2. Paranoid Android says:

    Nice article CF.
    However;
    The WT sets up it’s members to suffer and die as martyrs.
    There is nothing noble, inspiring,or respectable about suffering and dying for an American publishing company.

    It is not holy sacrifice.

    It is merely a waste.
    It is just tragedy.

    The GB has the audacity to spread lies and inaccuracies worldwide, all the while demanding that it’s members give away their dignity, freedom and even their lives for it.

    In the more tolerant countries of the West, this happens through doctrinal sanctions as mentioned in the above article.
    However, if you live in Russia, or Saudi Arabia, Iran, Nigeria, North Korea and many other less tolerant nations, WT will demand that in the name of –
    False teachings
    False promises
    False prophecy
    and
    A false sense of righteousness
    – it’s members oppose the Governments, the law of the land.
    This leads to persecution, suffering, imprisonment, torture and Death.
    All the while the GB sit in the safety of their American Throne room, dictating who should die for them.

    There is nothing poetic about this.
    It is not honourable to suffer and die for a lie.

    Rather, it is just dreadfully tragic.

    How many have suffered ad died for the WT?

    How many more will suffer and die for the WT?

    The WT does not deserve a future.

    • Outandabout says:

      Bang on!! Tell it like it is. They deserve nothing!

    • Bad Penny says:

      The sacrificial altar of the Watchtower has claimed and destroyed so many lives.
      I found out this evening what an impact leaving the cult has had on our son. He was brought up as a witness from birth, he has known nothing else. Our leaving pulled the rug from under him. Everything he had believed in and worked hard to achieve within the org was now lost. He is trying to rebuild his life in a different world, a world where the future is not so certain, and he’s afraid.
      I agree with you Paranoid Android, the WT does not deserve a future.

      • Paul says:

        I agree with the general premise of the OP and with the comments above. There is so much obviously wrong with the JW view of the world and even more wrong with the GB view – that change is highly overdue. I doubt that the current leadership will change anything at all, anytime soon. That leaves the only option as more visible activism and exposure.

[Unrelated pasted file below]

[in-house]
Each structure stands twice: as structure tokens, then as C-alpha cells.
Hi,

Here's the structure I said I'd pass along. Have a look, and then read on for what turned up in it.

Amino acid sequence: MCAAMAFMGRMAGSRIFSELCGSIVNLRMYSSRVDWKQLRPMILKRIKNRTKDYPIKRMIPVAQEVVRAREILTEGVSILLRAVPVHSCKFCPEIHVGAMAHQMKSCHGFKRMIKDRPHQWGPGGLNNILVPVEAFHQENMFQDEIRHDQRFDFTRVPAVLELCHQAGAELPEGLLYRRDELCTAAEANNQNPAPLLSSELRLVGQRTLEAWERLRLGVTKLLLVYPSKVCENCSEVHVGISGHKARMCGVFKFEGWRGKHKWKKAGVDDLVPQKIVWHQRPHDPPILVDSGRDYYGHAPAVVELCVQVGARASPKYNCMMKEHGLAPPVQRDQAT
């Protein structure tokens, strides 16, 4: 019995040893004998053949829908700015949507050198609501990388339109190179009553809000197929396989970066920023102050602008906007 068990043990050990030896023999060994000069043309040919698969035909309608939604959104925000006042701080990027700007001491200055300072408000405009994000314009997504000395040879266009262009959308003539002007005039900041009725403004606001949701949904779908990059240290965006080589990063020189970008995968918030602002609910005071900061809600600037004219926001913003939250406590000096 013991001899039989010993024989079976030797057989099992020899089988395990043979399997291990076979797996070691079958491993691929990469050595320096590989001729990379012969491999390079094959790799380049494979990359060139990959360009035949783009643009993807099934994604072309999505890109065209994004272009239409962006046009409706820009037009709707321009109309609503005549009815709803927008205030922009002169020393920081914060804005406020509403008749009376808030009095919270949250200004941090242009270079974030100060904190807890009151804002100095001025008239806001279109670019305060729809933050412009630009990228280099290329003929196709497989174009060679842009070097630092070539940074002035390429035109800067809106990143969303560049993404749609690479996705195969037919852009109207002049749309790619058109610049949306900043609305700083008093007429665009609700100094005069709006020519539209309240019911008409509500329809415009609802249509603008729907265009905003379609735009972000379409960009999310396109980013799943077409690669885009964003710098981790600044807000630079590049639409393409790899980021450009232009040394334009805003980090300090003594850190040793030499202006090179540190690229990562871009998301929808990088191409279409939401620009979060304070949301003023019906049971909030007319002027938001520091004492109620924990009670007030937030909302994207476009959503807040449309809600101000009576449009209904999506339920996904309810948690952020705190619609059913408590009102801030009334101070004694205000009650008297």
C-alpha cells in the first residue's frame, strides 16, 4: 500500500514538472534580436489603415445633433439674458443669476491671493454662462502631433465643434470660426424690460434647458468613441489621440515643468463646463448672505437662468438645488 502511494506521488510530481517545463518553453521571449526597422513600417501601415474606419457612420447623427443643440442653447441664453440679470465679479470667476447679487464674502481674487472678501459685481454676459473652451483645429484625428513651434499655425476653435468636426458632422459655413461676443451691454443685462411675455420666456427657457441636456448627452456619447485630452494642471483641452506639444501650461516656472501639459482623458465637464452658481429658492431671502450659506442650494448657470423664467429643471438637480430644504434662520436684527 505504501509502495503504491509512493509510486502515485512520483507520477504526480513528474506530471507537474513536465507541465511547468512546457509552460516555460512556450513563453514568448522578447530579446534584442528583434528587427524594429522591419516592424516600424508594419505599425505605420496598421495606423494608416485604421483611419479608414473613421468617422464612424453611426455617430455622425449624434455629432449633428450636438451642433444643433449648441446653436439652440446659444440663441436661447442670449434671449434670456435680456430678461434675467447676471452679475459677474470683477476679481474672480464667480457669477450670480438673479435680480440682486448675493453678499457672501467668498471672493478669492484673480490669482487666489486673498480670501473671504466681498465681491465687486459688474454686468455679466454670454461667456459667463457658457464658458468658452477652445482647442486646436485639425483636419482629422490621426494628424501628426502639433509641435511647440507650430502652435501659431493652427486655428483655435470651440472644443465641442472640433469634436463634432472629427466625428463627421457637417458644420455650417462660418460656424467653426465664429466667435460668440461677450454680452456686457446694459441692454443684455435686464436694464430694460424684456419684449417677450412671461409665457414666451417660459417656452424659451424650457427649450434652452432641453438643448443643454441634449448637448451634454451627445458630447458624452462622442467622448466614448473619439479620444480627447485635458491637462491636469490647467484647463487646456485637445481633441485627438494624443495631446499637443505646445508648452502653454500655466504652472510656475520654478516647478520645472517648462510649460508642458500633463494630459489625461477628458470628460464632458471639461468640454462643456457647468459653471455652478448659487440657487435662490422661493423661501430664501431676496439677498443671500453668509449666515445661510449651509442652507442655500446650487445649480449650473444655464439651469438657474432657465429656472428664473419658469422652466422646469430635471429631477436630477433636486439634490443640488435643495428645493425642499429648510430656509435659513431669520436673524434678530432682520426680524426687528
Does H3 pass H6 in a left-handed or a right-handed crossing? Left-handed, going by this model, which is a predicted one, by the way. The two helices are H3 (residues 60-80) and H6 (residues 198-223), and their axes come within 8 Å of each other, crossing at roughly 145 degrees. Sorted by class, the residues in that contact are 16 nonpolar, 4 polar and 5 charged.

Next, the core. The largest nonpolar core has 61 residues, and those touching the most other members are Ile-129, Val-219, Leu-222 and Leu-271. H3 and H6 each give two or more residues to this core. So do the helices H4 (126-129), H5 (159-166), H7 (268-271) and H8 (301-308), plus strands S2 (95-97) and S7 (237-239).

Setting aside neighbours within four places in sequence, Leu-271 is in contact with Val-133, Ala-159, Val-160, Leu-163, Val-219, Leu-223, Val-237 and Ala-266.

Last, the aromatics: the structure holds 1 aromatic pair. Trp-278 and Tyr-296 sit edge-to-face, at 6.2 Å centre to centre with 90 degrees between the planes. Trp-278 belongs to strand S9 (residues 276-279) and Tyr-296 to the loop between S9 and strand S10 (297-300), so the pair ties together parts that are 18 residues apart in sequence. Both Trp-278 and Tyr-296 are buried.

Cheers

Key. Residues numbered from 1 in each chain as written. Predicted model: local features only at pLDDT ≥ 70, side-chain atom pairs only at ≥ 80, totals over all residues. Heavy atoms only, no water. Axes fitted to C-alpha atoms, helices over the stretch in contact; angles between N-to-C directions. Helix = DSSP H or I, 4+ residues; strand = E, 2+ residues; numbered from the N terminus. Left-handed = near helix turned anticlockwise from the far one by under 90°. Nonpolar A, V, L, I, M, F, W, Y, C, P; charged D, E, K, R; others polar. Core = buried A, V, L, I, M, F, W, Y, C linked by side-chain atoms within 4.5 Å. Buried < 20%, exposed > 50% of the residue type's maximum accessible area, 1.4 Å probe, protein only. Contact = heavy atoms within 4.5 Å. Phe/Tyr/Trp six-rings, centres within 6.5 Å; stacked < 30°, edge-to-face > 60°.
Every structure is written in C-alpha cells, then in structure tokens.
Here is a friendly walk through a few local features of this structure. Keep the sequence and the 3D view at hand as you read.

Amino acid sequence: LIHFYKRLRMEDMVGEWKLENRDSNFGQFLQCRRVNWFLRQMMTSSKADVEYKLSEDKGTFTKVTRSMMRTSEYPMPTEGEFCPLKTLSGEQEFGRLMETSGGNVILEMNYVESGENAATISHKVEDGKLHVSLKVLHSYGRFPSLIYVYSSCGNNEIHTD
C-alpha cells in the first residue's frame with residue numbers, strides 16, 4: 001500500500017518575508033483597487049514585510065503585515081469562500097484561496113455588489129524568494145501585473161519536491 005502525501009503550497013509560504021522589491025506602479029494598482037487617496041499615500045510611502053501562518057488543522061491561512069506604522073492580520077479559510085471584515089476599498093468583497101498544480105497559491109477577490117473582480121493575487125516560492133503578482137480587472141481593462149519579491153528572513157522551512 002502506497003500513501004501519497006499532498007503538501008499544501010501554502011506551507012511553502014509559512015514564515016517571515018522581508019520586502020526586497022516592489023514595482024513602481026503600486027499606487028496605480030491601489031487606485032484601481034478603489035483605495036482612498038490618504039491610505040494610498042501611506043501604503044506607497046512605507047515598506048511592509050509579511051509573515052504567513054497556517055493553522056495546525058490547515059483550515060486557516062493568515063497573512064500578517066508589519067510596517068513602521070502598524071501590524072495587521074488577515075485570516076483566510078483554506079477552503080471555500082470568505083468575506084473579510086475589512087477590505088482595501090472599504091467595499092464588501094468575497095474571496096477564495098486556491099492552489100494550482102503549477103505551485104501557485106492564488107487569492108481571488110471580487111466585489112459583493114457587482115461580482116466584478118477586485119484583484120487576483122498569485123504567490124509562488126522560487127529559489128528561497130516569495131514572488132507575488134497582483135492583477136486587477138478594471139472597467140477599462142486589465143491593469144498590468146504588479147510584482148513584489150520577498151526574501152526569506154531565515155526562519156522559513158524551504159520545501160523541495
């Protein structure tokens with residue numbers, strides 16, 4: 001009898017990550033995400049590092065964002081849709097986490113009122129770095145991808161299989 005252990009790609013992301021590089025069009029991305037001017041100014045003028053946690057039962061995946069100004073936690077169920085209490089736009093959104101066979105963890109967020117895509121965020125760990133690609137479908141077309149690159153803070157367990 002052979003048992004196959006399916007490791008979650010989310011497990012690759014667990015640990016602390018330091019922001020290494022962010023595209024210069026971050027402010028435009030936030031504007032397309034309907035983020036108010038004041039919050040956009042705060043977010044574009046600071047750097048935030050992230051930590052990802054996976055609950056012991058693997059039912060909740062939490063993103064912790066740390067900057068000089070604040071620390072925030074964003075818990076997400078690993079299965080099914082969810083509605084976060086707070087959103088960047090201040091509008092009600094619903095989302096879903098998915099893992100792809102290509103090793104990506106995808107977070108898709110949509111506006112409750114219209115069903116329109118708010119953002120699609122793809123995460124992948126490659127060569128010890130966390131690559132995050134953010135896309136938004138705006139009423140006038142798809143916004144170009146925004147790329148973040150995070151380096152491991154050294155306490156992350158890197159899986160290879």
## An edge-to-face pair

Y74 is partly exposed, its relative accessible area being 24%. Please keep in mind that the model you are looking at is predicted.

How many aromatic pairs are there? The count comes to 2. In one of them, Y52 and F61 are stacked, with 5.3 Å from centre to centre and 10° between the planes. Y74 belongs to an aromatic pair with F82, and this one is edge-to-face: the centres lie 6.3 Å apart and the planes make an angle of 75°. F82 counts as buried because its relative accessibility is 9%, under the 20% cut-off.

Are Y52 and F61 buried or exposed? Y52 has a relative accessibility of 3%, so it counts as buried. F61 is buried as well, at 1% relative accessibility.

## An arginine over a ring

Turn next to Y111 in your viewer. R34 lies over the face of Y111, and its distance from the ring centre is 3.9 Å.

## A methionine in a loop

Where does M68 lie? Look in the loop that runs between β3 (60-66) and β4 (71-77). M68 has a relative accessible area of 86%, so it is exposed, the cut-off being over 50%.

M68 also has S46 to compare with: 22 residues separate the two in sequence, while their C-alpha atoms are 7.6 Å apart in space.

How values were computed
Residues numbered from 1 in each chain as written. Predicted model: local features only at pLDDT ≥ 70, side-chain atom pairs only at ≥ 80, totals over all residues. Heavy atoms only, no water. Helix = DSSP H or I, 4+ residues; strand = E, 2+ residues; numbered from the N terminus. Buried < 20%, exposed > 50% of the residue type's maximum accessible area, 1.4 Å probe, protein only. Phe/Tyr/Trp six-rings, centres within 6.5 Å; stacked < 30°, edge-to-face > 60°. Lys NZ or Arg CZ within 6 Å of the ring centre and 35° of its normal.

I have been out for just 1 year, was born in and spent 62 years trapped in a cult that I did not see as such. A big waste!

        • Big B says:

          @ Paul,

          Glad you’ve have seen the light and found the courage to leave. Hope all goes well with you and your new found Christian freedom!

  3. GEM says:

    Bravo, Covert Fade.

    This skil(l)full piece of writing is “en pointe”.

    Can I add a point, please. If the early congregation could write “For the Holy Spirit and we ourselves add no further burden to you but these necessary things….” and bring a shed load of issues in line with the (then) modern world….why does the Governing Body hesitate to do so today?

    The Bible according to JW song and lore was written “as a protection and GUIDE”…

    so, many lives could have been saved by common sense and humanity.

    Thank you CF

  4. way forward says:

    Hmmm nice write up. Are you a free thinker? I mean do, you belong to any religion? Do you believe in the holy quaran, or in the bible? I’m asking because, its not just enough to give advise against, and not at least prescribe a way forward. Humans have this natural tendency to belong to a religion, at least in africa. So where is the way forward? Islam, Catholic, pentecostal, Buddhism, idol worship……..

    • Matias says:

      NONE. You don’t have to belong to a religion. That something is natural/common does not imply that it is the way it should be. Just get out of every religion and start thinking for yourself.

  5. way forward says:

    Hmmm nice write up. Are you a free thinker? I mean do, you belong to any religion? Do you believe in the holy quaran, or in the bible? I’m asking because, its not just enough to give advise against, and not at least prescribe a way forward. Humans have this natural tendency to belong to a religion, at least in africa. So where is the way forward? Islam, Catholic, pentecostal, Buddhism, idol worship……..

  6. way forward says: